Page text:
Peasants were obliged to labor to some extent on the lord’s manor or for his benefit: 3 days a week was typical. Women spun yarn and wove cloth. Children were employed as household servants.
Beginning in the 10th century a social movement began which gathered pace with distinct intensities in different places: to commute labor services into rent payment. Some rent was collected on a regular basis, while other obligations came due on special occasions. Livestock, including chickens, and other commodities were forked over, as was money, in whatever form.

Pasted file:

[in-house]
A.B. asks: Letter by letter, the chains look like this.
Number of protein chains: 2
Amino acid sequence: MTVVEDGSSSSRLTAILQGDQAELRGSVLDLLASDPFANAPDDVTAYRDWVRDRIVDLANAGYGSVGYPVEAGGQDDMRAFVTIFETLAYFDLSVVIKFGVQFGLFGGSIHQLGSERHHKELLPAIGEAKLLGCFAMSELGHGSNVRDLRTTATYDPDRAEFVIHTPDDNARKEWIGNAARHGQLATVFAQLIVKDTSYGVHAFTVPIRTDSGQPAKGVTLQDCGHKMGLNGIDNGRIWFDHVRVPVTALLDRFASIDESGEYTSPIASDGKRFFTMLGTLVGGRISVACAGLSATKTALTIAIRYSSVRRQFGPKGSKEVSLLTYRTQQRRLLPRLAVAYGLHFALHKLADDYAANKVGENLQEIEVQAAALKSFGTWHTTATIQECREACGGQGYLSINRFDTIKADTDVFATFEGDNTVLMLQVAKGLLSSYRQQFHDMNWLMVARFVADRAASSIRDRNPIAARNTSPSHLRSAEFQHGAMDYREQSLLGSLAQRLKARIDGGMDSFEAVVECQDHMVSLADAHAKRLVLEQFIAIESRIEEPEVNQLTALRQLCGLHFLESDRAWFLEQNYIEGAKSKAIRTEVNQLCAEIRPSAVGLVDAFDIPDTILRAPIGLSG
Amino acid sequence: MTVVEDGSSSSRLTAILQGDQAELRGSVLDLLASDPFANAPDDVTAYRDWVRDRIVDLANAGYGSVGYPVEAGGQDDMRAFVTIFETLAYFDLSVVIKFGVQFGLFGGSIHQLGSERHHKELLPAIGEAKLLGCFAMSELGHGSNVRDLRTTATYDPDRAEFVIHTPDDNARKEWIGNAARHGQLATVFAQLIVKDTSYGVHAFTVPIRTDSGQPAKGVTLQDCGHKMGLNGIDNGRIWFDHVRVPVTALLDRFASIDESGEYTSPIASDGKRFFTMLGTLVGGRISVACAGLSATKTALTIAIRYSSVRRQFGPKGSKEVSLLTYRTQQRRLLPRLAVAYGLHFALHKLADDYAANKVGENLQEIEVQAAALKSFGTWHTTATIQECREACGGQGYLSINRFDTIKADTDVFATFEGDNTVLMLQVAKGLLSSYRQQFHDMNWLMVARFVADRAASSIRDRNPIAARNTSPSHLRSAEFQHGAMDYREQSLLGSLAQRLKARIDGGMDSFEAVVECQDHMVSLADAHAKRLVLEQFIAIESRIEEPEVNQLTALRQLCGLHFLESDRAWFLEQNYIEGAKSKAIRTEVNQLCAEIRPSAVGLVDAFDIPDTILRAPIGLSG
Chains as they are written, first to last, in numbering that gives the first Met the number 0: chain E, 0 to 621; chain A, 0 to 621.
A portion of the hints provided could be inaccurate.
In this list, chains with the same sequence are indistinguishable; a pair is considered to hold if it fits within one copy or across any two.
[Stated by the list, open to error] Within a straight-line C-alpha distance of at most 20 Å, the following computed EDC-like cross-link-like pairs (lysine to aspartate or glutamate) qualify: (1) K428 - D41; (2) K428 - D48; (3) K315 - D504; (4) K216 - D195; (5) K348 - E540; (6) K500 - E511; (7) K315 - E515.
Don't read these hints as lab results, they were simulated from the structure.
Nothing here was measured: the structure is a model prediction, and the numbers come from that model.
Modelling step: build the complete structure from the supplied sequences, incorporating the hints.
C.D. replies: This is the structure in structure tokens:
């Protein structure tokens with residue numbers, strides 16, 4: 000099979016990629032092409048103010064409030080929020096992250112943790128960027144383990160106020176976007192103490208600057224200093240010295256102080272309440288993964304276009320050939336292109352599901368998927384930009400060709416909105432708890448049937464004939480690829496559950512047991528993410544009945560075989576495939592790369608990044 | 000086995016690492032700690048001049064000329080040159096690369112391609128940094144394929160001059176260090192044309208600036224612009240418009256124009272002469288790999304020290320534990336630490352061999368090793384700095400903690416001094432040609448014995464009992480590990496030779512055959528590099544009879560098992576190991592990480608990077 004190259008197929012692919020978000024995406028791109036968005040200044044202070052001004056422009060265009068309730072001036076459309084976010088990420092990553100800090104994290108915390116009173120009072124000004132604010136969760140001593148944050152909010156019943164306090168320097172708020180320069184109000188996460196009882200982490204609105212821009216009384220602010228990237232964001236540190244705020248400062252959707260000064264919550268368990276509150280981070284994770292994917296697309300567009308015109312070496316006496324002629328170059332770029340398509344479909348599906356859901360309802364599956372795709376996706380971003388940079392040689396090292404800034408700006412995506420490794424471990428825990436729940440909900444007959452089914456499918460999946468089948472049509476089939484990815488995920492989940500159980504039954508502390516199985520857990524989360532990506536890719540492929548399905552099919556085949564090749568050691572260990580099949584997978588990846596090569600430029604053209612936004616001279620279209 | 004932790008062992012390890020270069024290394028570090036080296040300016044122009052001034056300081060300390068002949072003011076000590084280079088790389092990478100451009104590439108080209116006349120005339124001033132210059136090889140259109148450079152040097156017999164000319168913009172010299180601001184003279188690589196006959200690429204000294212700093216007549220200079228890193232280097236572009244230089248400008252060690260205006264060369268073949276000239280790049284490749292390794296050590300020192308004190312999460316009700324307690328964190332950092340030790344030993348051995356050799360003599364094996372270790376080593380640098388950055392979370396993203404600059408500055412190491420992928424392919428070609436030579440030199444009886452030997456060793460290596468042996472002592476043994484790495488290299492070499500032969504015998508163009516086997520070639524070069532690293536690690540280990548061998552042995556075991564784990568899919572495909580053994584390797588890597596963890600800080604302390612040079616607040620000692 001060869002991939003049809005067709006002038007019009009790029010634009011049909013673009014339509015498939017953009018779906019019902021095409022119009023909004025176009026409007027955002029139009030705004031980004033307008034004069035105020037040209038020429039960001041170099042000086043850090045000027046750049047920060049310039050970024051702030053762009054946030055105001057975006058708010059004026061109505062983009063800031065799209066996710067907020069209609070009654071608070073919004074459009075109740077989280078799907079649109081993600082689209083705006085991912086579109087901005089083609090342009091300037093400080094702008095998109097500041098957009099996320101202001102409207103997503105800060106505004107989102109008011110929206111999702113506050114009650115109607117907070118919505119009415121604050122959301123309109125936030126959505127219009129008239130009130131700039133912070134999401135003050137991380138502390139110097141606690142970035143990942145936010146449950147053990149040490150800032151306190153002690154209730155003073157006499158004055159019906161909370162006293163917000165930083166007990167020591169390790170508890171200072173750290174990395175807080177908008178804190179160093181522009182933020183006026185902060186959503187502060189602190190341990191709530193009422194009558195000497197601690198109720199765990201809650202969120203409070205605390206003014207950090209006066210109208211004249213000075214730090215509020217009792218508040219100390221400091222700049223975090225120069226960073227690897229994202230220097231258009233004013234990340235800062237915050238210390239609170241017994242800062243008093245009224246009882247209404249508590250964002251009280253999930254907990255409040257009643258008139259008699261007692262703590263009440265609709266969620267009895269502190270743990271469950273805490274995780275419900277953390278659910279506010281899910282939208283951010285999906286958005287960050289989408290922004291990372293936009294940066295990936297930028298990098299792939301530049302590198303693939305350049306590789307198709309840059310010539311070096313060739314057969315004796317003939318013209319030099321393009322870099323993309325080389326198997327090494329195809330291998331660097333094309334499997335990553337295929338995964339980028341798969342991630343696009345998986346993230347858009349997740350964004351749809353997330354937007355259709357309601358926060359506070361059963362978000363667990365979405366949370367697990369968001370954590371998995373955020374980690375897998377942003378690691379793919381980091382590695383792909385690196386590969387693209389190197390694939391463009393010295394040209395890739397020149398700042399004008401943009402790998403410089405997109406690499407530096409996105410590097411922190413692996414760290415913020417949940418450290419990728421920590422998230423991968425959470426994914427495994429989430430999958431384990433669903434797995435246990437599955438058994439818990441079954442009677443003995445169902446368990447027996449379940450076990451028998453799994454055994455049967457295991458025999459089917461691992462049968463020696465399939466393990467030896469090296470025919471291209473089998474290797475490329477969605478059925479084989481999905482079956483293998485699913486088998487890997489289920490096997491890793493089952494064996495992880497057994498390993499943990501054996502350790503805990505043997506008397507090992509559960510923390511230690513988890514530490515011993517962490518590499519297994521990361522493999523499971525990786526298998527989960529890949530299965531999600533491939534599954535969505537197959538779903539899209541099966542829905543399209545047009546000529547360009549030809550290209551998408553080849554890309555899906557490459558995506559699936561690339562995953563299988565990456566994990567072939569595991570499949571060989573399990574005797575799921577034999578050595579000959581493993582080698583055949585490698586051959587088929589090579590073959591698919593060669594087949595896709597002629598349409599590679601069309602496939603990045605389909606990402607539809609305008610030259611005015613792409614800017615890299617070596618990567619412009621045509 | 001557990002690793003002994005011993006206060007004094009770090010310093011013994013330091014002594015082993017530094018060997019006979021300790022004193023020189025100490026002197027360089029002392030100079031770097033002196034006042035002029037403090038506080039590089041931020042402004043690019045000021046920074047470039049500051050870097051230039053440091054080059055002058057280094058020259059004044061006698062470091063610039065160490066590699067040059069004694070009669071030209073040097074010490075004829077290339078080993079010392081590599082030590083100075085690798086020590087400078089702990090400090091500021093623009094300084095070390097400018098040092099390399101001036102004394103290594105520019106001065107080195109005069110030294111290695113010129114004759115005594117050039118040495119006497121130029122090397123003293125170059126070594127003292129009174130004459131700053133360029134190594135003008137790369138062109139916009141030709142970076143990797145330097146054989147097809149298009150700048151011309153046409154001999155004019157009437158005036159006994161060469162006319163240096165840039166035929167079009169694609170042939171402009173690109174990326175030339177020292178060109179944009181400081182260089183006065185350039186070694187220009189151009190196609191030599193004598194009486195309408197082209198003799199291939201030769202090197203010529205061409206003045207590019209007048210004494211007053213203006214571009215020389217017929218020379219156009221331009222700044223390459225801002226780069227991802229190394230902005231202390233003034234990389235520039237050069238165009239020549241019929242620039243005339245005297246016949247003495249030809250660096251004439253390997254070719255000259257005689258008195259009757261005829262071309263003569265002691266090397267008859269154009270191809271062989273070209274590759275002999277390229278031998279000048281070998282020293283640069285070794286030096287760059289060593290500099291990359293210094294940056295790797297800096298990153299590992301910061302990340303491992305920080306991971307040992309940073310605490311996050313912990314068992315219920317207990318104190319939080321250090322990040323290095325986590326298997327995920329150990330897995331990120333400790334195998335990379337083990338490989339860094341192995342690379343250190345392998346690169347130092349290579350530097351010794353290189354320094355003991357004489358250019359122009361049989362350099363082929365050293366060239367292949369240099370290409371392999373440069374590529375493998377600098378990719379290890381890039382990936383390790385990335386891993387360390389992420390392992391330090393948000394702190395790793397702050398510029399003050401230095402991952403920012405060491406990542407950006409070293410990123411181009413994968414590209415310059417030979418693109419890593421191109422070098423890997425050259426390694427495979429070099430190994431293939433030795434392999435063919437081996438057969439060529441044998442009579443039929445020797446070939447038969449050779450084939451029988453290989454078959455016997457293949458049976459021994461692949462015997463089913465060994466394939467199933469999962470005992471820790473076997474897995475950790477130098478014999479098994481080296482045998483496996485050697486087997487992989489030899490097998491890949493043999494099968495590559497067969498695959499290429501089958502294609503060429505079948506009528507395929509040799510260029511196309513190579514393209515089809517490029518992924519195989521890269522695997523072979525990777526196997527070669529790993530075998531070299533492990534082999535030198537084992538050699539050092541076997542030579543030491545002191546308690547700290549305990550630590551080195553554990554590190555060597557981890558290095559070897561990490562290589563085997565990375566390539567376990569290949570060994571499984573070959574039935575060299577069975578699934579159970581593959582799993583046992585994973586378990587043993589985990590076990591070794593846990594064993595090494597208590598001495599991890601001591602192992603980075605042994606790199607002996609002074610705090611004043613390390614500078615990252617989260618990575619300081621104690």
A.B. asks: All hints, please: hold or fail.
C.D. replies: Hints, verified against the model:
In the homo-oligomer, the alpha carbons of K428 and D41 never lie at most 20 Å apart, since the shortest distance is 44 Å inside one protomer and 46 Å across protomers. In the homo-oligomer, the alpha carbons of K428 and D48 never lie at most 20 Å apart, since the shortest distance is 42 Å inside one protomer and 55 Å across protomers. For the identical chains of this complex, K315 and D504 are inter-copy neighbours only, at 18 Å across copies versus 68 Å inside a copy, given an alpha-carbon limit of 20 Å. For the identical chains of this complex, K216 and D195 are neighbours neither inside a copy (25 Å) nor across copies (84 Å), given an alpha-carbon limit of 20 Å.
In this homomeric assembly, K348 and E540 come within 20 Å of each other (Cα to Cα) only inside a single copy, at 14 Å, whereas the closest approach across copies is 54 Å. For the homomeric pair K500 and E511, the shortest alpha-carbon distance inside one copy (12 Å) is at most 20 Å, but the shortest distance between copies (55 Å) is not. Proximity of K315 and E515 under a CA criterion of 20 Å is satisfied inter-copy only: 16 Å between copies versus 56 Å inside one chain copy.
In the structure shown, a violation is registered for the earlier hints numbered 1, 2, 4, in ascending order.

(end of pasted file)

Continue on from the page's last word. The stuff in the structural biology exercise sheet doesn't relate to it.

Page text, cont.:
In 13th-century England, manorial extractions from peasants may have been 50% or more in some places. A tithe to the church, and at times royal taxation, were sometimes heaped on top. Peasants were purposely kept impoverished.